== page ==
Entry Level Mountain Bikes: That’s How You Start.

When I first got into mountain biking way back when, I started off with a very simple entry level mountain bike. This bike was nothing special, it had V-brakes, 26×1.95 tires, bottle cage, single wall rims, bar ends and a boat load of fun!

You see, I think there’s value in purchasing an entry level mountain bike when you’re first starting out because of the fact that you pretty much can see whether you like the sport or not without having to spend alot of money in the beginning.

I see it all the time happening with people around me, they end up purchasing a bike way too expensive and really has too many bells and whistles than they could use. You know what I’m talking about, these are the kind of bikes cost about the same as a mortgage.

What ends up happening is when people spend so much on their bikes right off the bat, they are waaaay to over protective of their bikes, causing them to not ride as hard or to have fun because they’re afraid they might brake the darn thing.

So here’s my suggestion. If you’re just getting into mountain biking, don’t break the bank by spending an arm and a leg for your new bike. Check out your local bike shop and go for a bike that around $500. With that budget you’ll get plenty of choices. If you feel that you can’t find anything you like at a bike shop, check out our Partners. Fezzari Bicycles, Woodstock Bikes, and Ibex Bikes all offer bikes within the $500 price range.

Once you get your mountain bike, I would recommend riding it for as long as you can. Learn your basic mountain biking skills such as jumping, balancing, single track riding, climbing and of course my favorite, maintenance.

After you feel that you’ve gained some good skills, then maybe its time to consider spending some bills on a bike that is more suited for your skill set. But don’t go over board by purchasing a bike that exceeds your riding ability. A good reputable bike shop will take the time to ask you about what kind of riding you will want to do with the bike and of course ask you about your budget. Don’t be shy with them, tell them everything you have to offer, that way your needs will be met.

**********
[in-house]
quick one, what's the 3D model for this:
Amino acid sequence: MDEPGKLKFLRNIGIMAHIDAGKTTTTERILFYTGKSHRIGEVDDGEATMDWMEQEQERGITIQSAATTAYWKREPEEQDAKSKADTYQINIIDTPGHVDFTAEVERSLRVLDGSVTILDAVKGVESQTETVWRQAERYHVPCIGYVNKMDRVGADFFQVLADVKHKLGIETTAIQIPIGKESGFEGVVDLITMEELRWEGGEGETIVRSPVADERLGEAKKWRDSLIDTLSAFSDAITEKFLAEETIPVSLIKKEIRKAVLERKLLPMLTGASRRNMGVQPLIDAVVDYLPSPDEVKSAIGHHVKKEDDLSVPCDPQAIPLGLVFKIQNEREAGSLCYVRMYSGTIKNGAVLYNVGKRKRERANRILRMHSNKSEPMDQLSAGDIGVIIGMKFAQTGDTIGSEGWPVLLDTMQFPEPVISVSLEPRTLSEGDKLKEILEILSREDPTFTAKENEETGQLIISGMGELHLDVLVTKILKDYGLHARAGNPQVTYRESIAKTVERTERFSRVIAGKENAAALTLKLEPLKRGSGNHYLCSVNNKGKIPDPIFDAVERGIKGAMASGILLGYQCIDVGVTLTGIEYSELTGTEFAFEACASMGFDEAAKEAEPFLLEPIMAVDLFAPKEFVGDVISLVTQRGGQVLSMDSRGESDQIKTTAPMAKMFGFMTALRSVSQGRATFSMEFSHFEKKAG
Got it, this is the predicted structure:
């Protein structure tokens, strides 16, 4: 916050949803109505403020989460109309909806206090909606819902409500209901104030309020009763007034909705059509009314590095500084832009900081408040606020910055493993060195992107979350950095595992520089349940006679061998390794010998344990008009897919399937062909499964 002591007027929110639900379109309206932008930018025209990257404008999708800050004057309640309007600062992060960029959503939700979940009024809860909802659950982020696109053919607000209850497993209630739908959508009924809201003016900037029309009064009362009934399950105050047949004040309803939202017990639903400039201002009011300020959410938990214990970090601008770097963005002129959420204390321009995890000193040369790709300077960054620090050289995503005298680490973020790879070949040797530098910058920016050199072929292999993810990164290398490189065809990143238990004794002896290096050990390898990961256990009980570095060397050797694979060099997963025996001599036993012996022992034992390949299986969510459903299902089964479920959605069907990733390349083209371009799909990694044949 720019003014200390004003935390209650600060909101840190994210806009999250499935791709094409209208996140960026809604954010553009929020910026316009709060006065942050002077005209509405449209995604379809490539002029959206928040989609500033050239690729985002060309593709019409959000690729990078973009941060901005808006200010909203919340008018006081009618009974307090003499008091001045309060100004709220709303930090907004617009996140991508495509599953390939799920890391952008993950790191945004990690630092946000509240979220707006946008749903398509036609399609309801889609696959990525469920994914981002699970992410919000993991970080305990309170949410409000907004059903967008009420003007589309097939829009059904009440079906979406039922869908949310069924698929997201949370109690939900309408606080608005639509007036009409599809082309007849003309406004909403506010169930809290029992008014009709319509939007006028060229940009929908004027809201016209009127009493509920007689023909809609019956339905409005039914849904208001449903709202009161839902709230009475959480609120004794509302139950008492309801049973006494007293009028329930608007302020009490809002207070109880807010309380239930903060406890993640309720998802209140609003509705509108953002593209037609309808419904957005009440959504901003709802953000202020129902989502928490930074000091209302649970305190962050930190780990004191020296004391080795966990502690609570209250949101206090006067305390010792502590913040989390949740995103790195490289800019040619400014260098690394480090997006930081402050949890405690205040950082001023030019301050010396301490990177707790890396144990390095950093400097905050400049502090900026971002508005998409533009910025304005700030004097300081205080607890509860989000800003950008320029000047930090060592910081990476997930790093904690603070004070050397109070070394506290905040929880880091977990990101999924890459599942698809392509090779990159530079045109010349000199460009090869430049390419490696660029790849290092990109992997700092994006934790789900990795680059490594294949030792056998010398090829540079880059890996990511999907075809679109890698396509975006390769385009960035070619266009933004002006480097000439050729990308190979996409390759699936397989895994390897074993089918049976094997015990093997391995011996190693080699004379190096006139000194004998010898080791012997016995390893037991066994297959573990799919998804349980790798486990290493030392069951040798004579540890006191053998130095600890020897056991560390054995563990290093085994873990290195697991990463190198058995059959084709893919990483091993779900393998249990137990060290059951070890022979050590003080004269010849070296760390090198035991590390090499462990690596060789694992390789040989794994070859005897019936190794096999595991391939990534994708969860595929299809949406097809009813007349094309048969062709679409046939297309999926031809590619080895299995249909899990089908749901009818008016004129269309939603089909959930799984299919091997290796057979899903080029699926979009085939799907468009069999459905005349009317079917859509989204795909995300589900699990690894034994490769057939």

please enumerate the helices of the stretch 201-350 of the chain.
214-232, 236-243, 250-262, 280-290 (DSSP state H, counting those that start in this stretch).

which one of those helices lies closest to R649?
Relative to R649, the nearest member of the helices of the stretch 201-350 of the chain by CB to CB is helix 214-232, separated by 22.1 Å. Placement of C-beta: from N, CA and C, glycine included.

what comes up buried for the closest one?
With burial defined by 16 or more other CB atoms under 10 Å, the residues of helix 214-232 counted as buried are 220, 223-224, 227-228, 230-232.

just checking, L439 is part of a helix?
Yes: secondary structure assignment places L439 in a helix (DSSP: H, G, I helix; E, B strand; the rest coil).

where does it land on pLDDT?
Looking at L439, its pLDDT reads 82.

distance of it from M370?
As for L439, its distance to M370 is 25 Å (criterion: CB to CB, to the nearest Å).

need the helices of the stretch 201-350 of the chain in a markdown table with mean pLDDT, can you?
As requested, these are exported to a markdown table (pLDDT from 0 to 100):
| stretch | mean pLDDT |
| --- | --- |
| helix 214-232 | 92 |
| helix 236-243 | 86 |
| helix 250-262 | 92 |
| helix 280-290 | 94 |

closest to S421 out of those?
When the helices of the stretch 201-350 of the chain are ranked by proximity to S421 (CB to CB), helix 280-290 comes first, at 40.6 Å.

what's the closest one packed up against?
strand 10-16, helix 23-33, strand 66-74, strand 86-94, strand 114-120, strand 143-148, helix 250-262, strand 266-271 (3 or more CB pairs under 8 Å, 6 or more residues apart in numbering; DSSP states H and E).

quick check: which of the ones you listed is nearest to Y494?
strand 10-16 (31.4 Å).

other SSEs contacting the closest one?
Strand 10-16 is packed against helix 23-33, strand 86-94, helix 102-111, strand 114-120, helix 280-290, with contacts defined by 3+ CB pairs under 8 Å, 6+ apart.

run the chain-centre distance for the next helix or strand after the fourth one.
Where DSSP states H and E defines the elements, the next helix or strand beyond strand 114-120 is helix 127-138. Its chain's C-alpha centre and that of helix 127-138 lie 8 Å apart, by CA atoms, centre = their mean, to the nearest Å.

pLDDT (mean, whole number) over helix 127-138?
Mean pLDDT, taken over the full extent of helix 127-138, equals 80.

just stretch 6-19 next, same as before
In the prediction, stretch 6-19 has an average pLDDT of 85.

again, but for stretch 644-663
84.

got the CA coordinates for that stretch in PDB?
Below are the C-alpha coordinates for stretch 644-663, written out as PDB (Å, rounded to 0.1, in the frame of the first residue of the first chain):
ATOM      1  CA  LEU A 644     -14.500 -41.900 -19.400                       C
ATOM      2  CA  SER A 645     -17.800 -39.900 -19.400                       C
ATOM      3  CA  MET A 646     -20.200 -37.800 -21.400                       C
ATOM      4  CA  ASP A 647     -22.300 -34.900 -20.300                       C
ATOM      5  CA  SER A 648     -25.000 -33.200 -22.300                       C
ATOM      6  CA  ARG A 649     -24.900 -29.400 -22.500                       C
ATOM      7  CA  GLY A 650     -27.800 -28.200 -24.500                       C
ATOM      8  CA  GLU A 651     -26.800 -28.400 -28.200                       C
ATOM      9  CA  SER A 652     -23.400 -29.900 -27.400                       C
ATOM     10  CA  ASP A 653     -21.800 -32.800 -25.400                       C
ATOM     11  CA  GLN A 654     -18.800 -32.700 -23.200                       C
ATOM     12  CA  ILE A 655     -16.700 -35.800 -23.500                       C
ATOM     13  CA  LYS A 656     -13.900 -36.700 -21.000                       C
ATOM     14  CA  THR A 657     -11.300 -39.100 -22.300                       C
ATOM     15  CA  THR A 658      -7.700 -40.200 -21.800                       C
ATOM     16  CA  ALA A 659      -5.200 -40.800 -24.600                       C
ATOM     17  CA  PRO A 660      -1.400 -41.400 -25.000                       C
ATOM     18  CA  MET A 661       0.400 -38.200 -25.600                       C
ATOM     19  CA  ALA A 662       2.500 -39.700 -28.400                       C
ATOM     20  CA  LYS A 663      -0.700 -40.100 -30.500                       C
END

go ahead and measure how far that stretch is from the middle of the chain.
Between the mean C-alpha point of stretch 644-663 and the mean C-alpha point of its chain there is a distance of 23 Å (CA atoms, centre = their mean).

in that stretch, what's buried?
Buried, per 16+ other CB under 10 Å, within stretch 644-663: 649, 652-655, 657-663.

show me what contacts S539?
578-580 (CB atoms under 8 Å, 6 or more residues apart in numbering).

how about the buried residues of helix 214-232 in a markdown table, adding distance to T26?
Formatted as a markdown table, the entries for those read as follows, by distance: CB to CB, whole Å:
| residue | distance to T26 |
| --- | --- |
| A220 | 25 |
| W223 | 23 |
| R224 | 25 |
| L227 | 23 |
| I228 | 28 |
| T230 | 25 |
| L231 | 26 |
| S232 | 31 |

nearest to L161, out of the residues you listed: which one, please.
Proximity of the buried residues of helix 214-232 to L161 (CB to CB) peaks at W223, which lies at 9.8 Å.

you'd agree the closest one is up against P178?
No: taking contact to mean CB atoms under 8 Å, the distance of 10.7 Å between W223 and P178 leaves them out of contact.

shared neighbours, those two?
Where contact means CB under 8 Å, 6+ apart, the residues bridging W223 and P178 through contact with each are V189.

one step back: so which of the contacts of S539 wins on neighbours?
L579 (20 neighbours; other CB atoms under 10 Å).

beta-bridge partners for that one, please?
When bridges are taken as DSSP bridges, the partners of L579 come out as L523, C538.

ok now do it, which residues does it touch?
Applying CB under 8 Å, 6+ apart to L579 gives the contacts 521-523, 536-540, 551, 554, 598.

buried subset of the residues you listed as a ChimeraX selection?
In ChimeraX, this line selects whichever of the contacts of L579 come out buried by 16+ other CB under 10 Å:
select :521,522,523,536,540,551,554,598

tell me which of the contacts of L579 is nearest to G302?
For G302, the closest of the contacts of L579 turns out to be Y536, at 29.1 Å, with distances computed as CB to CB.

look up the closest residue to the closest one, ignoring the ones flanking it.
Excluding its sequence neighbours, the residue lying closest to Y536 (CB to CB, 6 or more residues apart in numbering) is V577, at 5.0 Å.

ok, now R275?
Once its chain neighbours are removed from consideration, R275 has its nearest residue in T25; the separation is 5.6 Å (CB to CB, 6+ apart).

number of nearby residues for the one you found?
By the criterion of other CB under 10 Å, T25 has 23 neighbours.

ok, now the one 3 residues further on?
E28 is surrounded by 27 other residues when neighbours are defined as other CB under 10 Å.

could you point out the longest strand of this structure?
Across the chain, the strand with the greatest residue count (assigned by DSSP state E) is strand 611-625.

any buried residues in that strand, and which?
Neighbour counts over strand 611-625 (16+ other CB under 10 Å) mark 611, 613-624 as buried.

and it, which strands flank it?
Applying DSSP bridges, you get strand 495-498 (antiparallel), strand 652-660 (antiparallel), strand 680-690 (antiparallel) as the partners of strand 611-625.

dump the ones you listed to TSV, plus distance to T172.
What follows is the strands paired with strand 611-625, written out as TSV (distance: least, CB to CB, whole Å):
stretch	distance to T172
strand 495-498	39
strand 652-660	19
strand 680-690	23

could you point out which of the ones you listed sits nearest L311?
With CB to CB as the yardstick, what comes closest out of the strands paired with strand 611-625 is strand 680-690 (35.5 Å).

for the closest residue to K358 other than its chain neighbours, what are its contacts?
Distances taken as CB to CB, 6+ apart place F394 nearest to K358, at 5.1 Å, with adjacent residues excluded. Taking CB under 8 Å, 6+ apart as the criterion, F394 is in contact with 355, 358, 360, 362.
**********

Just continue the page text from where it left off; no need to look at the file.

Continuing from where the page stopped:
Surprisingly online bike companies do the exact same thing. The staff of the companies I mentioned before are very well versed with the inner workings of a bicycle. They should be able to match you up with a ride that fits your needs.

But what ever you do, DO NOT go to a department store for your bike! Wally Worlds and Tar-jeh bikes are cheaply made and assembled poorly.

With all that said, just remember, if you’re new to the sport, you don’t need a high end bike(yet) to have fun. Get a decent entry level mountain bike to learn some of the basic skills of the sport and when you’re ready, upgrade to a better bike. Besides, you could always save your old bike for your kids or pass it on to the wife!

About the author

RL Policar is an avid mountain biker and the Editor In-Chief of MtnBikeRiders.com and BikeCommuters.com. Between the two sites, he's published well over 4,000 articles (and growing).